Powderizing Perlite for Refractory

(& Bentonite Clay)

One Saturday (which started this whole metal casting endeavor) I was working on modifying my Delta 14" bandsaw to incorporate a quick release for the band tension. In order to do this I need to fabricate a piece to fit in between the ribs of the upper support casting. At first I was going to machine it on my milling machine but after making a triangular pattern out of wood that tapered and was filleted to match the casting I realized that would be too labor intensive and inaccurate.

So, a casting came to mind, but where to get one made? I've heard of people taking a class at the local technical vocational college just to make something they needed, but that would not be timely. So, I Google'd on the off chance that people actually do this sort of thing at home. Wow. To my surprise, a lot of people do this at home!

So I read through a lot of the information posted on the web and am in the process of (preparing to) build a furnace. Getting the material to make the refractory is my first obstacle. I only say obstacle because I don't (or didn't at first) know where to get fire clay (ground fine enough), Perlite, and silica sand.

Well, Ace Hardware had Schultz's Perlite and Home Depot had Scott's Perlite so I bought a bag of each, and a sifter from Ace, my idea being to sift so I'd get the finest particles. Well, it didn't take but a couple minutes to realize not only did I not have the patience for sifting, The Perlite was in such large chunks I'd be lucky to get a cup out of the 8 quart bag. There's got to be a faster way and there's got to be a way to grind it up so I have no waste (i.e. can use it all).

The food processor? Although it might do the job, the hole down the center where the shaft sticks up means a lot of powder down through it. Messy. The Osterizer? Hmmmmm.... Mine has seen it day.... 20-30 years old. Been looking at new models for years. Hmmmm.... Good excuse to get a new one. Hmmmm..... Sold.

Down to the basement it goes (and luckily being single I didn't have to sneak it down). So, I fill it half way with Schultz's Perlite. Mix... Not bad... Frappe'. Even better! Wow. This is working. Talcum powder consistency in no time. Ok, fill it to the top. (The patience thing.) Tends to not mix up well. Ok, so while it's running firmly hold the container onto the base and tip it to about a 45 degree angle and rotate it 360 while doing so. Even tip it 90 degrees on it's side, that makes it work, but... In business though.

Results, starting half full in 15 to 30 seconds it flows real well, like a liquid without any tipping. In no time that 8 quart bag of Schultz's Perlite was powderized. On to the Scott's. Oh-oh, a no go. Half full, just like with the Schultz's but it wouldn't mix. Even coaxing it by tipping it. Up what's? ;) I feel the Scott's Perlite. Seems to have a high moisture content. Do I now enlist the oven also? Can't take that to the basement though, and don't want to wait that long (there's the patience thing again). Ok, the microwave.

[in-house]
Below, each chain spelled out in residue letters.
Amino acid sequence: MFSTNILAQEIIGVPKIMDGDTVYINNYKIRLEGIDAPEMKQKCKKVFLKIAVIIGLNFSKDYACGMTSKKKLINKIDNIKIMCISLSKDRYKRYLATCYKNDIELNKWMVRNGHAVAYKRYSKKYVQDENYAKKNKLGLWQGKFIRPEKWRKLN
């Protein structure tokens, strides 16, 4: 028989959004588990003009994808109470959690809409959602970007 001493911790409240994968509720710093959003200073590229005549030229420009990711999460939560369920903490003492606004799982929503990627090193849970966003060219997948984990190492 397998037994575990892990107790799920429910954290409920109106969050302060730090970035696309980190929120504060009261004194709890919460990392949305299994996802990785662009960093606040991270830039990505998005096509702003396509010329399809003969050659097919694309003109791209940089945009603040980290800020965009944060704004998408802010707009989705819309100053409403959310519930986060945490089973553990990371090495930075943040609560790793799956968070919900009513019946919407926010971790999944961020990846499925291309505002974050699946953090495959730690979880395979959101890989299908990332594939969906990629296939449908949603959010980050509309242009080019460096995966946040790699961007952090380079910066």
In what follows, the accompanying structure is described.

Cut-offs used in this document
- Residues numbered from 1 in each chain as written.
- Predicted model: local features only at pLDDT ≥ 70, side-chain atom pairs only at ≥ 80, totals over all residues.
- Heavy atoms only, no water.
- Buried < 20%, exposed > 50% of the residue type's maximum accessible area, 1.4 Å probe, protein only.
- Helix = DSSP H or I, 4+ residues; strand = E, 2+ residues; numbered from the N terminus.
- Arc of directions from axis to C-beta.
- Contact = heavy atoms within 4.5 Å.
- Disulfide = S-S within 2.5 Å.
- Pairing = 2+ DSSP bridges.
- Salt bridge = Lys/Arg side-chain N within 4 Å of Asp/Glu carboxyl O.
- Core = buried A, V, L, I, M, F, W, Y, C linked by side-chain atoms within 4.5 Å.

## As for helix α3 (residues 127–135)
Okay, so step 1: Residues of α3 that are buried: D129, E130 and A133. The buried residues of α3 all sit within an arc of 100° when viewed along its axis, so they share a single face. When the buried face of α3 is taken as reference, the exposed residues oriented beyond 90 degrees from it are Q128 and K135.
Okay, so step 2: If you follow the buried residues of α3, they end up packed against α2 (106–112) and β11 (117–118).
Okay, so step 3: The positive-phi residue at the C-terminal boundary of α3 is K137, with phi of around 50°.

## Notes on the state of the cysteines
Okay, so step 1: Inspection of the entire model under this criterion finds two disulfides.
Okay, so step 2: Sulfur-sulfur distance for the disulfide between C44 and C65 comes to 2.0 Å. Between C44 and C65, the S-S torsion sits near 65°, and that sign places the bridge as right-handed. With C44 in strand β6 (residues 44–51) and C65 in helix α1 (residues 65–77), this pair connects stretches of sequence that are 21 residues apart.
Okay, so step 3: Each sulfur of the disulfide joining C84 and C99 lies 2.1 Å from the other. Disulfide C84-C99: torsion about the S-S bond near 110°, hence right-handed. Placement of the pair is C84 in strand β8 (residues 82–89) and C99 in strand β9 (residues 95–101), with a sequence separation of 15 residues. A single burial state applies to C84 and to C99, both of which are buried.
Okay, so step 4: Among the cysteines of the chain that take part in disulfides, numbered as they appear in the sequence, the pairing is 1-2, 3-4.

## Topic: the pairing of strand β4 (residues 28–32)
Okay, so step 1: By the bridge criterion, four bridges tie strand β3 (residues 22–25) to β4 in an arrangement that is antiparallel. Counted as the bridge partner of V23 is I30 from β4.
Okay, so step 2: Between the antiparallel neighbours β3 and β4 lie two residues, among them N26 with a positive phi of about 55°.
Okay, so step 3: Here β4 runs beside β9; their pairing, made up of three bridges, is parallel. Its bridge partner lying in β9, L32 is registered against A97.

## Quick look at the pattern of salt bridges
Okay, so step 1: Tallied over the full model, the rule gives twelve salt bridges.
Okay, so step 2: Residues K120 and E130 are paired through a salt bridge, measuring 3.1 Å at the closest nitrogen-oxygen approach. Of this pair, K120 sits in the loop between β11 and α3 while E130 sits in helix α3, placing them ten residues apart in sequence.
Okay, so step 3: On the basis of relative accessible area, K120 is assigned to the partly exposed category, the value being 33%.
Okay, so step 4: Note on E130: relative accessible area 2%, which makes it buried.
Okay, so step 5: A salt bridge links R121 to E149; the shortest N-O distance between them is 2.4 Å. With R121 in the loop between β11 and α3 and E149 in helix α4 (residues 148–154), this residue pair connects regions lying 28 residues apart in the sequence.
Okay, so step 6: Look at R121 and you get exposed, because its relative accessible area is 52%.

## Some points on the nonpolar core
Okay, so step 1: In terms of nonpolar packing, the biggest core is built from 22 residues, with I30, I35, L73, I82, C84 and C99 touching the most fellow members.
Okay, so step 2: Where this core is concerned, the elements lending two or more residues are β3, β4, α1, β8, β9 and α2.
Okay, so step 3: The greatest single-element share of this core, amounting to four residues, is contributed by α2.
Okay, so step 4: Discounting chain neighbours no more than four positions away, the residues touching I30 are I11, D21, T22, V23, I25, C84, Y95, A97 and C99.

Taking a 8x8 glass baking dish, and experimenting a little, 15 minutes on high seems to be the proper recipe. Now the Scott's powderized just like the Schultz's. Then I get to thinking about the fire clay and what I heard about kitty liter being Bentonite clay but too coarse to be of use in it's normal state. Hmmmmm..... Waiting while my next batch of Perlite is nukin'... Vader won't mind if I abscond with a little of his kitty liter, well, especially if he don't know.

Fill the blender up half way with kitty liter and in 30 seconds or less, powderized Bentonite clay. Although Vader's lucky I can't use his remaining kitty liter because of the deodorizing crystals, I think I solved the fire clay issue. Now to find some silica sand tomorrow.

Although powderizing the Perlite in the blender sounds like a time consuming process, it's really not that bad. What's time consuming at the moment is nukin' the Scott's Perlite and having to wait. I think the problem with the Scott's Perlite is the fact it is stored in Home Depot's outside garden area and it's been raining around here, and who knows, maybe it was stored in an area where it was hit directly by rain before I got it or that shelf I got it off of gets rained on too. The Schultz's Perlite from Ace was in the store.

I think I still might opt for the Scott's verses Schultz's even with the high moisture content because the Scott's was purer. The Schultz's had a lot of dirt mixed in with it (not an issue if your using it for it's intended purpose) and the resulting powder is slightly brown, and the Scott's was pretty close to 100% pure white. Also, the 8 quart bag of Scott's Perlite seemed to contain quite a bit more Perlite then the Schultz's but that could be due to it's coarseness, price was relatively the same. I know volume can be deceiving so next time I'll weigh them to see.

Although I doubt I'd want to use this method to make enough refractory for a 32 gallon garbage can sized furnace, The "2 Bucks" furnace at Backyard Metal Casting or the 6 gallon garbage can sized furnace I'm leaning towards building won't be too bad. And one can always pick up a cheap dedicated blender at Goodwill or on eBay. When all was said and done the two 8 quart bags of Perlite yielded about a gallon and a half in powder form.

I shot a 15 second video of the powderizing process showing how fast is actually goes. You can see it here: Perlite Powderizing. You can see it gets ground up so fine that puffs of Perlite are blowing out the top and there aren't any real gaps in the cover fit.

I also noticed the smell of the Perlite while nukin' it and it reminded me of a smell of something I used for my aquariums, when I had them, but I can't place it as to what it was.